Maryellen, a special education teacher, had a dry cough that never seemed to go away. The doctor said it was seasonal allergies, and it did always seem to get better over long breaks like winter and summer vacation. It wasn’t until another teacher in her building developed adult-onset asthma that they began to suspect their school’s air quality might be the culprit.
In 2020, a study from the U.S. Government Accountability Office found that 41% of schools are in need of updates to heating, cooling, or ventilation systems, proving there is an air quality problem in U.S. schools. Additionally, studies have found that poor indoor air quality in schools can lead to increased student absences as well as decreasing performance on standardized testing. Additionally, in March of 2021, Congress allocated $122 billion in funding to help districts make improvements to safely reopen following the pandemic. However, only 33.9% of schools reported making updates to ventilation and HVAC systems in a survey from December 2022. So, where did this funding go and why aren’t schools investing in the health and safety of their buildings?
Here are the warning signs you could be teaching in a sick building:
Sign #1: Dry, Irritating Coughs
A persistent dry cough even though you drink water throughout the day? Dry, irritated eyes, sinuses, and throats are common in buildings where air quality isn’t up to par. Sometimes the problem is due to air not circulating enough in buildings that are well insulated against outside temperatures. Other times, however, these symptoms can be signs of bigger issues.
Sign #2: Teachers Frequently Sick
Do teachers really have more robust immune systems than people in other professions? This could just be a commonly held myth. With this in mind, if you or your colleagues seem to be catching every cold, flu, or other sniffle your students are passing around, it might be an indicator that the air quality in your building is at least partially responsible.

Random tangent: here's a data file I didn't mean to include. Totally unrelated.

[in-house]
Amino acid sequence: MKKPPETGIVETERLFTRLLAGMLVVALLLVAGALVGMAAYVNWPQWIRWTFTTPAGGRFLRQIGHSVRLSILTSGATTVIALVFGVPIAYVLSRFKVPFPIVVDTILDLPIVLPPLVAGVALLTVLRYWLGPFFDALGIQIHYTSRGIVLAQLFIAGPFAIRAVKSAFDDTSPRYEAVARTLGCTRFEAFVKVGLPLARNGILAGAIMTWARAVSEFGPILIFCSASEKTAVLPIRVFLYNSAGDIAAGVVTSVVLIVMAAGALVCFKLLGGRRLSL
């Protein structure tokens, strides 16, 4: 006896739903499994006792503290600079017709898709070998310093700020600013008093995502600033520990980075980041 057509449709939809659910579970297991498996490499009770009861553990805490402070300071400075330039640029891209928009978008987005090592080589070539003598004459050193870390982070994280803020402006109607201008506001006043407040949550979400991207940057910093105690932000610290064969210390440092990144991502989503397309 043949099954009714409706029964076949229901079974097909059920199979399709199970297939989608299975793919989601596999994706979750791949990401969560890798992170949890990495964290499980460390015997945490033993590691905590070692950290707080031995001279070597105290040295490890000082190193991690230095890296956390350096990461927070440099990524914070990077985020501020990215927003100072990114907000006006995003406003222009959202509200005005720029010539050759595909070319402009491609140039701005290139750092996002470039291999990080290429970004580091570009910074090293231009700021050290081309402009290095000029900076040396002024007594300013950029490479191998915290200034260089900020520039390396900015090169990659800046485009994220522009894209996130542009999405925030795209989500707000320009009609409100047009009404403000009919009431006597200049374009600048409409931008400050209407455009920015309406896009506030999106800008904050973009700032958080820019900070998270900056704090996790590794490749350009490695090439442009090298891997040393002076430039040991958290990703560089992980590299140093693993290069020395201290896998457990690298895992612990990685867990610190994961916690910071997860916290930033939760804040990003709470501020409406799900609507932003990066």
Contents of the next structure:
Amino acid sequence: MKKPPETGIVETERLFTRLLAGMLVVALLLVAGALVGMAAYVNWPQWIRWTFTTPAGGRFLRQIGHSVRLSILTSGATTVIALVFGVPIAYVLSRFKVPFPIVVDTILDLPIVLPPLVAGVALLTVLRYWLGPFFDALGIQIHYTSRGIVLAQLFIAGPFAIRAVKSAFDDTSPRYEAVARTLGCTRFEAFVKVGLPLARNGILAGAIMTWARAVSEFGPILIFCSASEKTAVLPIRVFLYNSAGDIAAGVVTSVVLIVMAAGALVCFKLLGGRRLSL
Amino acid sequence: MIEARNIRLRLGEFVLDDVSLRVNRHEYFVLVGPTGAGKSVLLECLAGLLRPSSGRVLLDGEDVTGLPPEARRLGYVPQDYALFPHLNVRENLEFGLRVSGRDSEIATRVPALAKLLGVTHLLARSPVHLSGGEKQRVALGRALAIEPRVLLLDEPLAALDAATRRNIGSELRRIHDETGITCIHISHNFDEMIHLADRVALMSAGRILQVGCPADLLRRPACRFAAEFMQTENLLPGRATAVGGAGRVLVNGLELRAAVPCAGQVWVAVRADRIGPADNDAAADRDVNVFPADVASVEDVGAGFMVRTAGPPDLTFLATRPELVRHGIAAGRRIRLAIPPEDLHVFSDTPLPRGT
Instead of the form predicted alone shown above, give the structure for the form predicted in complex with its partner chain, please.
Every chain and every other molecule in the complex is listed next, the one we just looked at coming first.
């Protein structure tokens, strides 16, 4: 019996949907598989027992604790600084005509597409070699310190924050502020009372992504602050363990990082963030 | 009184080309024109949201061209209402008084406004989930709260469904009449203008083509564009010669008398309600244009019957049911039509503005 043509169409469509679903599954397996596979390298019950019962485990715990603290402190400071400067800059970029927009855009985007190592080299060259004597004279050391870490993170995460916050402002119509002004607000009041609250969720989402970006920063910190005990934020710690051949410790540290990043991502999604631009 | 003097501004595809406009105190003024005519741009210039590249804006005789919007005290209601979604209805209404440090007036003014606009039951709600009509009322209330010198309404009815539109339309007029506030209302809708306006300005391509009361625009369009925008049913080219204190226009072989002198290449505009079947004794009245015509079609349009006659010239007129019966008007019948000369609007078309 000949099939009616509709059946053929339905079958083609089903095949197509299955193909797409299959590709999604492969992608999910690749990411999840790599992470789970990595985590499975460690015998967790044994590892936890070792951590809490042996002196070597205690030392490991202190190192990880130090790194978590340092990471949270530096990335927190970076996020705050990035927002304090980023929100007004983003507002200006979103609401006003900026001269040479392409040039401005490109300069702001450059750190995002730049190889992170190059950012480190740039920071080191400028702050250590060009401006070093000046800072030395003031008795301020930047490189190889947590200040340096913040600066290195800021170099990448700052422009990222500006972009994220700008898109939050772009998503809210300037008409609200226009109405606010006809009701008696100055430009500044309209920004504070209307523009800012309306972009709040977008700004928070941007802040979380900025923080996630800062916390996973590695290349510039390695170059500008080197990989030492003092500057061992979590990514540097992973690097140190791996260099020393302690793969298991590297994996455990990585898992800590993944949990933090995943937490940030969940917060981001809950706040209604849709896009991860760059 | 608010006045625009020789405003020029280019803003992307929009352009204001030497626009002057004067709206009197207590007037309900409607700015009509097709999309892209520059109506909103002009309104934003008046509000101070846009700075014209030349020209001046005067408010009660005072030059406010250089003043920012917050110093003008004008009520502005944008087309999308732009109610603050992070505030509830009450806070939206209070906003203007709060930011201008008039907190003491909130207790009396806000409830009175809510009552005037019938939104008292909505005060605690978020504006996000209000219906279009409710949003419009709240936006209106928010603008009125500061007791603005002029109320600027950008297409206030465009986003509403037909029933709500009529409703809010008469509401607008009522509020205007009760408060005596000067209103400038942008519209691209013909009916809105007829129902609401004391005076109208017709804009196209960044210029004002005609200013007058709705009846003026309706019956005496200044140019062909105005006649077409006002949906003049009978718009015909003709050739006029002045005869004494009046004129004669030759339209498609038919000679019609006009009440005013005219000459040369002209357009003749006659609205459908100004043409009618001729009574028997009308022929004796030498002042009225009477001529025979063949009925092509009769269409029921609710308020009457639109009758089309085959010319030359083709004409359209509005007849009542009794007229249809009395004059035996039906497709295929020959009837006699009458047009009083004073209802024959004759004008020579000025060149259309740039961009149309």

Sign #3: Leaks and Stained Ceiling Tiles
Does your classroom ceiling look like this? Or does everyone in the building know that one water fountain leaks so much they just put a plastic bag around the pipes? Buildings that have moisture problems can also have mold problems. And mold can lead to a whole host of health issues. Nasal congestion, sinus infections, fevers, coughs, and chills are just a few.
Sign #4: Worsening Allergy and Asthma Symptoms
Years of dust, mold, and pollen could be building up inside your school if the air quality and ventilation are poor. This can lead to increased signs of allergy symptoms that don’t subside, including itchy eyes, nose, or throat. Additionally, those suffering from asthma may see worse or increasing symptoms from these irritants in the air. According to the EPA, “an average of one out of every ten school-aged children has asthma.” Asthma is already a leading healthy concern for students, and poor air quality is a contributing factor.
Sign #5: Wildly Fluctuating Temperatures
Does your classroom only seem to have two temperatures, way too hot or way too cold? If so, your building has an air quality problem. In fact, thermal control is a hugely important component in creating positive learning environments. Students struggle to learn in classrooms that are too cold or too hot. Adjusting classroom temperatures to improve thermal comfort can boost student performance by keeping them comfortable.
Sign #6: Little Furry Visitors
Mice are common pests in many schools and classrooms. From full storage closets where they can hide and burrow to cabinets full of snacks, mice can make a pretty good life for themselves in a school building. And as gross as it sounds, this means particles of their droppings, saliva, and fur can be in the air, waiting to cause problems. According to the EPA, rodents can spread more than 35 separate diseases. This can happen by direct contact with the animal or by coming into contact with their urine, feces, or saliva. While getting vermin out of the building is not an air quality issue, it’s important to make sure the air we breathe at school is clean and well filtered.
Sign #7: Headaches on Schedule
For some of us, headaches are unfortunately a common part of the day. If, however, you start to notice that you develop a headache before noon each school day but not during other stressful situations, the air quality in your classroom or building might be responsible.
Sign #8: Mystery Symptoms
Headaches, nausea, dizziness, irritability, itchy eyes, respiratory illnesses, muscle tension, and other physical symptoms can have many causes. But working in a “sick building” might explain why you’re having those symptoms when the other causes don’t seem to apply anymore. The concept of “sick building syndrome” has been around since the 1970s when doctors started seeing patients with similar symptoms who all worked in the same buildings.